or, The Hitchhiker’s Guide to Fear and Loathing at a Public Library Reference Desk

When To Use .jpg vs. .gif vs. .png

   January 21st, 2015 Brian Herzog

If you work on your library's website, this infographic on when to use different graphic formats might be useful. Tech things like this always interest me (if you're only a little interested, skip down to the What Should You Use section at the very bottom for the summary). (via)

And speaking of image stuff, Here's a List of More Than 30 Free Image Sites That Don't Look Stock-y. Nice-looking free images are always a good resource. (via)

graphic format inforgraphic

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Attractive Reading and Library Tidbits

   July 10th, 2013 Brian Herzog

Just a couple of unrelated interestingnesses this morning.

The first is a neat image my friend Chris forwarded me from something called Facebook:

Reading a book from the inside

I don't know anything about this image, other than I like it. And it would be a good image for a caption contest.

Secondly, last week on BoingBoing Cory highlighted some Dewey Decimal System jewelry, made from old catalog cards:

Dewey jewelry

There's lots of it available on Etsy. I think it'd be fun to match the Dewey subject to the function of the piece - like, a ring magnifying 395.22.

Yay for creative people.

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A Couple Handy Online Image Editing Tools

   May 29th, 2013 Brian Herzog

It's been awhile since I've talked about image editing tools. My favorite website for quick and easy editing (cropping, resizing, etc) is still Pixenate, but I recently read about Clipping Magic - and it is amazingly awesome.

Here's how it works: upload your image, draw a green line through the part of the photo you want to keep, draw a red line through the background you want to remove, and you're done:

clipping magic demo

The live preview on the right lets you adjust your lines to get as close as possible to what you want - and since you can change your line size and zoom in on the image, you can really fine-tune it.

I've been using Photoshop for years to do exactly this, and this is way quicker. Photoshop is still better of course, but like Pixenate and other web-based tools, I have access to this no matter where I am in the library (Photoshop is only installed on the computer on my desk in the office, which I rarely actually use).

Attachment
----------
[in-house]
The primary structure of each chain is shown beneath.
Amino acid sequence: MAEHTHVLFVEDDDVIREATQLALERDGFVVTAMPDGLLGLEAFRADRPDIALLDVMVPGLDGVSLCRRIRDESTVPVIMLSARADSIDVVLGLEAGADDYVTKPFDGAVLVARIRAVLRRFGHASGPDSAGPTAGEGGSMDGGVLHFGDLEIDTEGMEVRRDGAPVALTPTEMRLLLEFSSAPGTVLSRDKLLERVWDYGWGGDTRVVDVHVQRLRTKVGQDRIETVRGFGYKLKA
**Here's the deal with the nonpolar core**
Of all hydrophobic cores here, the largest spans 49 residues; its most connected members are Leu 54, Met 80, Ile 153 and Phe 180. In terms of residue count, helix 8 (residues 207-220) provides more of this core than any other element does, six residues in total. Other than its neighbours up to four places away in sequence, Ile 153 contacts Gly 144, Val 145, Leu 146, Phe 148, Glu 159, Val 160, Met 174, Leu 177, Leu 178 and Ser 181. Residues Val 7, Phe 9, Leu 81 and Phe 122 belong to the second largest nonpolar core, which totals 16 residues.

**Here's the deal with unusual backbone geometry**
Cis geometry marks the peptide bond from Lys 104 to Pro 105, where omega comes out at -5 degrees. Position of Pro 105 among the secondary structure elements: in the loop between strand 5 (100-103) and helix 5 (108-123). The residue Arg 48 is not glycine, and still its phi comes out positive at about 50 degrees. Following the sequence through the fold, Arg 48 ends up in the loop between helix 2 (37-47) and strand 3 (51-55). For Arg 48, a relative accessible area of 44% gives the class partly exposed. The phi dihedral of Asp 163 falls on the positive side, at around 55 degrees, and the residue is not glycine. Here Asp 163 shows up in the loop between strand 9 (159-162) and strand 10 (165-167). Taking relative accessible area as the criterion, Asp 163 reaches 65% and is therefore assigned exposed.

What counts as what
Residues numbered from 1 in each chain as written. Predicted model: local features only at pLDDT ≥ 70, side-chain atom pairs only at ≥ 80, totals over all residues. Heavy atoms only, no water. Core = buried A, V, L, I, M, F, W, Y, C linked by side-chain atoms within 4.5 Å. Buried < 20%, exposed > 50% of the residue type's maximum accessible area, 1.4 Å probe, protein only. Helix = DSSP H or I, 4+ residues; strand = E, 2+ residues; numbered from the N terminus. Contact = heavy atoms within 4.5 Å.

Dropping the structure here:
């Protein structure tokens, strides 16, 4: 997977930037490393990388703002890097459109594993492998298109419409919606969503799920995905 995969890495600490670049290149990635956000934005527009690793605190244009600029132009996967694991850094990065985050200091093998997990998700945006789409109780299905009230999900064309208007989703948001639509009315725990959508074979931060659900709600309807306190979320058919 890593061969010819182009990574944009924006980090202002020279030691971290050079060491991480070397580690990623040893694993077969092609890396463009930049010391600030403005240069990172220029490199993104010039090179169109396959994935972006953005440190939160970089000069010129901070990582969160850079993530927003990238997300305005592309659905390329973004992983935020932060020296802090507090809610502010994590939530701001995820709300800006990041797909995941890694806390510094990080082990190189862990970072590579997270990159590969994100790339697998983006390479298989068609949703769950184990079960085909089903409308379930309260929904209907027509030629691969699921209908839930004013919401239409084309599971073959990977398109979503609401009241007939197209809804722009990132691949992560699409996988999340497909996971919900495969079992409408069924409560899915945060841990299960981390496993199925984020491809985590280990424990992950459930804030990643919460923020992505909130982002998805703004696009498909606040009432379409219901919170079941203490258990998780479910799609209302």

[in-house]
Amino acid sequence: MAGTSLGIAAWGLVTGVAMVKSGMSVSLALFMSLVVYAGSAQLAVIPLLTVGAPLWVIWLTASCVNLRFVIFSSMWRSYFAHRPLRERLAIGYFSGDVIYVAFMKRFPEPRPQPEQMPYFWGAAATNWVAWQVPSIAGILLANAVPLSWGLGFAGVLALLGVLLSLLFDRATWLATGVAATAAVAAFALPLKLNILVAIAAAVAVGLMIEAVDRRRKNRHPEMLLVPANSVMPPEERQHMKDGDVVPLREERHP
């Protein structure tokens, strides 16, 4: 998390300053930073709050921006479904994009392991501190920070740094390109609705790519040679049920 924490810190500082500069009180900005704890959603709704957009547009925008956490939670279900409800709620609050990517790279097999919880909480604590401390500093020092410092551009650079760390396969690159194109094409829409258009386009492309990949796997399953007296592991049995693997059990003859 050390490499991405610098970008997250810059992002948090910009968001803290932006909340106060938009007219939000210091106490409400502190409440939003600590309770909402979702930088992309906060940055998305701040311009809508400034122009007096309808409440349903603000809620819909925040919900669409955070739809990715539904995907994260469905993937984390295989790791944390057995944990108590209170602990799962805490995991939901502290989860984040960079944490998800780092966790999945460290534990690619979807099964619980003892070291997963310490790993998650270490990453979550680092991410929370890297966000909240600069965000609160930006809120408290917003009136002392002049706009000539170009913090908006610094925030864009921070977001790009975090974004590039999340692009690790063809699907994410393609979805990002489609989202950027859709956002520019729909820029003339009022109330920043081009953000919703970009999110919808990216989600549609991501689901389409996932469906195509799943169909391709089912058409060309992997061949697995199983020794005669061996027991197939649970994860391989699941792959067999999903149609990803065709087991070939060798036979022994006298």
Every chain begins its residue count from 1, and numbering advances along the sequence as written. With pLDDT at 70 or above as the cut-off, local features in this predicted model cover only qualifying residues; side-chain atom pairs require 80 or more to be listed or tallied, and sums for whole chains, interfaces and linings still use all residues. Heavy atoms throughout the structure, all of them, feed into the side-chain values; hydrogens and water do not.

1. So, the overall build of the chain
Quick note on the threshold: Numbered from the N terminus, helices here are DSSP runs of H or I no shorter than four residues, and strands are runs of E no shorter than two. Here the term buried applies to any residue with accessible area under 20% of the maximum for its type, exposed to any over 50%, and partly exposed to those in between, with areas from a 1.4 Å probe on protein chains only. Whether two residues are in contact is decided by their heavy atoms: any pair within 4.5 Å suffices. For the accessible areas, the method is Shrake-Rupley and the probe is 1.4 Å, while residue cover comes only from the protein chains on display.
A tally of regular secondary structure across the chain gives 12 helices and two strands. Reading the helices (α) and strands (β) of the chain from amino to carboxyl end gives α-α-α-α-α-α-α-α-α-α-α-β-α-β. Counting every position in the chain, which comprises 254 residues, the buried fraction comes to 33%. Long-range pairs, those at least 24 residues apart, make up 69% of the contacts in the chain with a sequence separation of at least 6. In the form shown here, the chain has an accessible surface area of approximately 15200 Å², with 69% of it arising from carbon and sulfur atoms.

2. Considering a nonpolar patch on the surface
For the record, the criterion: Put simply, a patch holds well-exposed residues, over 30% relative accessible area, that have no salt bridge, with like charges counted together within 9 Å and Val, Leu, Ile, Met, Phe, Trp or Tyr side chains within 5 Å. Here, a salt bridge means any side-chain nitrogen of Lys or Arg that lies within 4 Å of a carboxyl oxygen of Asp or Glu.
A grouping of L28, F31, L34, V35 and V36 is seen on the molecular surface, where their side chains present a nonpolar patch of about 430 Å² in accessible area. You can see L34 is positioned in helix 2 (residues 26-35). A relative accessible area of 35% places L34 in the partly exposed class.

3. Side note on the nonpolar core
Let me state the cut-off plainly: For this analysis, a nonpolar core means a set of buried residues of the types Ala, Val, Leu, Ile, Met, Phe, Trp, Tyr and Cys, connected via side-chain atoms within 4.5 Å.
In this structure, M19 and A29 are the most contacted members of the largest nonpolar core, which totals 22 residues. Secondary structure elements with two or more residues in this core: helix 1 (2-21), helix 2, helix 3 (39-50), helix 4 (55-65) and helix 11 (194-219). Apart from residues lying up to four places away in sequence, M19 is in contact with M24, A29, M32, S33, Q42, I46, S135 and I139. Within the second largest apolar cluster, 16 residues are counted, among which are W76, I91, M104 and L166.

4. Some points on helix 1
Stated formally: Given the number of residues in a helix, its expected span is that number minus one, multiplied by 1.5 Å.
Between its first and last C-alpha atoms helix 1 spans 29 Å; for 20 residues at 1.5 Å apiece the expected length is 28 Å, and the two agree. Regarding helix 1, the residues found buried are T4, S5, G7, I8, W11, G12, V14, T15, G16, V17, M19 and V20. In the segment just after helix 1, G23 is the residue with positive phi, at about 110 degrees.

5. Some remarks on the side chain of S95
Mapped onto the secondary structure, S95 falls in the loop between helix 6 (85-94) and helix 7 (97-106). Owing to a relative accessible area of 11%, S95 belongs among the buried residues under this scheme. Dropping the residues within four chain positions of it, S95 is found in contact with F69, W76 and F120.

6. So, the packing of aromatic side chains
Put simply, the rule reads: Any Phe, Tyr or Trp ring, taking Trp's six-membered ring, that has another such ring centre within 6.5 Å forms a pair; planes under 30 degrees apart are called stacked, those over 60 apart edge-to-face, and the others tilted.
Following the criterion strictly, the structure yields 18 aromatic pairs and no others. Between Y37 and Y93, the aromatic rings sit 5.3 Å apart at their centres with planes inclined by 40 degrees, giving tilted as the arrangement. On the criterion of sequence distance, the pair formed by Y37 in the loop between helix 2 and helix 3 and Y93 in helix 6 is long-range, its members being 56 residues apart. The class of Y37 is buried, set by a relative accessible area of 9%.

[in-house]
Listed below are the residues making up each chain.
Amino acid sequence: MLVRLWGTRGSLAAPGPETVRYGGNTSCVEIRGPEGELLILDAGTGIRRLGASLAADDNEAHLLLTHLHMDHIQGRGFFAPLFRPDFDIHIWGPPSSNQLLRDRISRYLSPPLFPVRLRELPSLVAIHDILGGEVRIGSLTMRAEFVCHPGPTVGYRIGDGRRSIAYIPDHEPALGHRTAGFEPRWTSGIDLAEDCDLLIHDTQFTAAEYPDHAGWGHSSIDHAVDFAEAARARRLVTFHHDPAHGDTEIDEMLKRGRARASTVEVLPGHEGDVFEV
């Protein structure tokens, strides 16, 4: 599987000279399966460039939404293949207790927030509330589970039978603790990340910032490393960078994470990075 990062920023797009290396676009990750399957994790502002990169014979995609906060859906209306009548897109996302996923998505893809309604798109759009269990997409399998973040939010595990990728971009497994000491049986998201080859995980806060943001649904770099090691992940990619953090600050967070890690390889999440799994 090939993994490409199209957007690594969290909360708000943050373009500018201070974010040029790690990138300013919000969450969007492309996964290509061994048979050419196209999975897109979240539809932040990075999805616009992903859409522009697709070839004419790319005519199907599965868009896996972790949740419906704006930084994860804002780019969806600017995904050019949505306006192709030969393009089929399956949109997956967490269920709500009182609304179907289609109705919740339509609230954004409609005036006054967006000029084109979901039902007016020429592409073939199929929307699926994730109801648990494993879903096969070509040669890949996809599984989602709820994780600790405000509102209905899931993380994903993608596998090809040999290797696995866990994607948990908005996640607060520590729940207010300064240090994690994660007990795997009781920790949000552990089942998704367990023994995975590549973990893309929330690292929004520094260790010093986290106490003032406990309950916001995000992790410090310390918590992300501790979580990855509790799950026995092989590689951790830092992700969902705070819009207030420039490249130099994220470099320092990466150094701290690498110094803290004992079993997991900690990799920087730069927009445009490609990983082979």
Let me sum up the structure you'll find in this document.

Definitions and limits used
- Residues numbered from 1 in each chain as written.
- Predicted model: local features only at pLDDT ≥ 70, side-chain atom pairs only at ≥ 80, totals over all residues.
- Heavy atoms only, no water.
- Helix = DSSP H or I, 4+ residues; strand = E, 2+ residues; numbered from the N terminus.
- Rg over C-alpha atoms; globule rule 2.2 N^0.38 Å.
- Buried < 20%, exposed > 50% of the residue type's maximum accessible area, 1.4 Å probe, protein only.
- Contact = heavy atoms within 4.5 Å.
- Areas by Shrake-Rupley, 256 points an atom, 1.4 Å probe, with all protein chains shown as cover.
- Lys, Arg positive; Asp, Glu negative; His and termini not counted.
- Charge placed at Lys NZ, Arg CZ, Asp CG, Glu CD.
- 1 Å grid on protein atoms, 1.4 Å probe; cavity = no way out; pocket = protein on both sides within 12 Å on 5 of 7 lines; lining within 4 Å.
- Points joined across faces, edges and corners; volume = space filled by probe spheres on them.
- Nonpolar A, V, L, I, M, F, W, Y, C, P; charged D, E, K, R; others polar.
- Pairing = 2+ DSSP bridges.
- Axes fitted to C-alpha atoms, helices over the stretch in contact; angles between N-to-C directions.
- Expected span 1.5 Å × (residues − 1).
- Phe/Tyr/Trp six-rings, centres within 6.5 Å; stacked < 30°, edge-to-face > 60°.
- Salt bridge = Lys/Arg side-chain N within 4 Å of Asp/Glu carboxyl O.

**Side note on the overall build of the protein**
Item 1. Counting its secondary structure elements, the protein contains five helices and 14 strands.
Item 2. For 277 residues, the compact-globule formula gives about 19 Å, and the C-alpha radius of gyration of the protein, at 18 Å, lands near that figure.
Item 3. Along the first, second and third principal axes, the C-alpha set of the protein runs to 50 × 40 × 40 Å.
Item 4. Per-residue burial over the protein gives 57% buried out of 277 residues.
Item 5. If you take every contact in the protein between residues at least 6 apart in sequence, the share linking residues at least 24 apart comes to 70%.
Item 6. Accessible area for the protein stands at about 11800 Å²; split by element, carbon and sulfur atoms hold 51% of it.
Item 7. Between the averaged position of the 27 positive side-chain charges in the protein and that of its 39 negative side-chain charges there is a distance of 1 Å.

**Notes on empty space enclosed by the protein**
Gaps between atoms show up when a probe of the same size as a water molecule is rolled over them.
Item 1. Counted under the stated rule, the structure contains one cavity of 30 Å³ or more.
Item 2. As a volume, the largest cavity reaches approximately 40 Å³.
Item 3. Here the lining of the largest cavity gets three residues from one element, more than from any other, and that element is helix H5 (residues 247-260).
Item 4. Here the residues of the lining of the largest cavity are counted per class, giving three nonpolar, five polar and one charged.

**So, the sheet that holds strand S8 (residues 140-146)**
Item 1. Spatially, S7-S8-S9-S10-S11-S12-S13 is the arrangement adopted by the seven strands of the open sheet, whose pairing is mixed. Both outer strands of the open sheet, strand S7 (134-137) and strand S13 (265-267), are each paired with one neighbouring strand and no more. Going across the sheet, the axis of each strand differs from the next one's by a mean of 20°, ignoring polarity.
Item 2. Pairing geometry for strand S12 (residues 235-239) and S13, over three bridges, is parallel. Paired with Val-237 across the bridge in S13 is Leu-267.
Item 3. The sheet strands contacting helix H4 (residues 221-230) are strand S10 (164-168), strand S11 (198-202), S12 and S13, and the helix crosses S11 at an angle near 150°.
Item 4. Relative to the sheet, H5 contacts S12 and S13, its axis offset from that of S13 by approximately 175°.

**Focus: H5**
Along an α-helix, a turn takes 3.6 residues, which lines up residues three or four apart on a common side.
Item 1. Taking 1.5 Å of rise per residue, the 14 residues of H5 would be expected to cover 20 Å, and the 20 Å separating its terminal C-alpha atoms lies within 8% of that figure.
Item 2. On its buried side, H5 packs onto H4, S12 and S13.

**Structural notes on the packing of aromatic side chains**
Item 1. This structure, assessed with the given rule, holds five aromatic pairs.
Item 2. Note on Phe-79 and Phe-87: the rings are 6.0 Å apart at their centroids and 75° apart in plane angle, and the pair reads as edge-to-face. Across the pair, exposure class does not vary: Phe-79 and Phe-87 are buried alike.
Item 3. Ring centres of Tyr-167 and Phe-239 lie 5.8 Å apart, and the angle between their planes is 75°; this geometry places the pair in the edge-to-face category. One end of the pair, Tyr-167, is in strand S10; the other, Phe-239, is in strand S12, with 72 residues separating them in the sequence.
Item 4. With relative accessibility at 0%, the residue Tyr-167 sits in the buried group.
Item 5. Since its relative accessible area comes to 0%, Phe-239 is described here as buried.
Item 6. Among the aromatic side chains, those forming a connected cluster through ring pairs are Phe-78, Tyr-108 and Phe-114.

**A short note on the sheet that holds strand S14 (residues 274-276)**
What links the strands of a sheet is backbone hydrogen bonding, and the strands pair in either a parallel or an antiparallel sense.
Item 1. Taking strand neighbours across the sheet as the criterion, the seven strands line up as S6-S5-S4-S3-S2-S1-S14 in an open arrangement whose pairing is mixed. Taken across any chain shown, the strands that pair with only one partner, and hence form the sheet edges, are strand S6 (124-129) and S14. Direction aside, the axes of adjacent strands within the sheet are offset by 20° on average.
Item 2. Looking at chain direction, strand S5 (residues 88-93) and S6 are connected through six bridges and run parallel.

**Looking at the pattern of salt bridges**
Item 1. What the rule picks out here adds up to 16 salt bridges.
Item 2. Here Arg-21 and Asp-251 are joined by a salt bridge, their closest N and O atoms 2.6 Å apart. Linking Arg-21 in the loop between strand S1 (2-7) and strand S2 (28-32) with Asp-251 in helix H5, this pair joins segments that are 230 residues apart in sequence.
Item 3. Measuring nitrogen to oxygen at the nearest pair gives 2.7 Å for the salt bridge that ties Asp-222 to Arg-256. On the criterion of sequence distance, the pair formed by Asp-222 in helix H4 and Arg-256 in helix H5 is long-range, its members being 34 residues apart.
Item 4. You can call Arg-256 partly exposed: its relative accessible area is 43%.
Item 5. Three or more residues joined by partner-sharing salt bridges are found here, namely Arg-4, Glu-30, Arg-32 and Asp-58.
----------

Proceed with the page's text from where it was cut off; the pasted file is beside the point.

Unfortunately, it looks like Clipping Magic is only free while it's in development. Hopefully it'll stay that way, but try it out while you can.

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Caption This Photo

   November 22nd, 2011 Brian Herzog

My cousin Karin forwarded me an email of the photo below, with the subject, "Now out in Paperback!!!"

Now out in paperback image

I have no idea what it actually is, but I thought it was a funny picture - except, the message's subject didn't have quite the jokey punch it could have. So of course, I tried to think up funny captions for it. The only one I came up with that I liked was, "Wikipedia: now out in paperback."

Does anyone else have better captions for this photo? I'm going to be away for week for Thanksgiving, so in the meantime, if you have a caption idea, please leave it in the comments below. Thanks, and Happy Thanksgiving (Americans; everyone else, Happy End of November).

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Reference Question of the Week – 3/28/10

   April 3rd, 2010 Brian Herzog

1040 starsThis isn't really a reference question, but it is a question from a patron. It's, well, you decide:

Patron: Have you see the monk hidden on the cover of the tax forms?

As Liz Lemon would say, "what the what?" The patron explained, somewhat cryptically, that the negative space between the stars on this year's 1040 instruction booklet cover design seemed to form a monk.

Can you see it? Hover your mouse over the image to see what he was talking about. It's slightly easier to see on a larger animated version on flickr.

I saw it after he pointed it out, but personally, I think it looks more like Darth Vader. The conspiracist in me knows it's not unusual that secret symbols appear in government printing, but they're usually more Masonic than Imperial (but maybe the stars were just to much to resist).

There must be a word for this - hidden pictures formed by positive space shapes. This is sort of like the distorted tessellations in MC Escher's art, but not quite. I looked around but couldn't find a name or description, so I'll keep looking.

In the meantime, if you're interested, here are a few examples of logos employing negative space.

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Web Tool for Filling in PDF Forms

   February 18th, 2010 Brian Herzog

FillAnyPDF.com logoFile this web tool under "why didn't someone think of this before?" FillAnyPDF.com lets you upload any pdf or image file (such as a blank form), type on it, and then save the completed form as a new pdf file.

It's not perfect, but it's easier than a typewriter. I'll use this both for patrons and myself, and I'm still surprised there aren't tons of these sites out there.

via LibraryStuff

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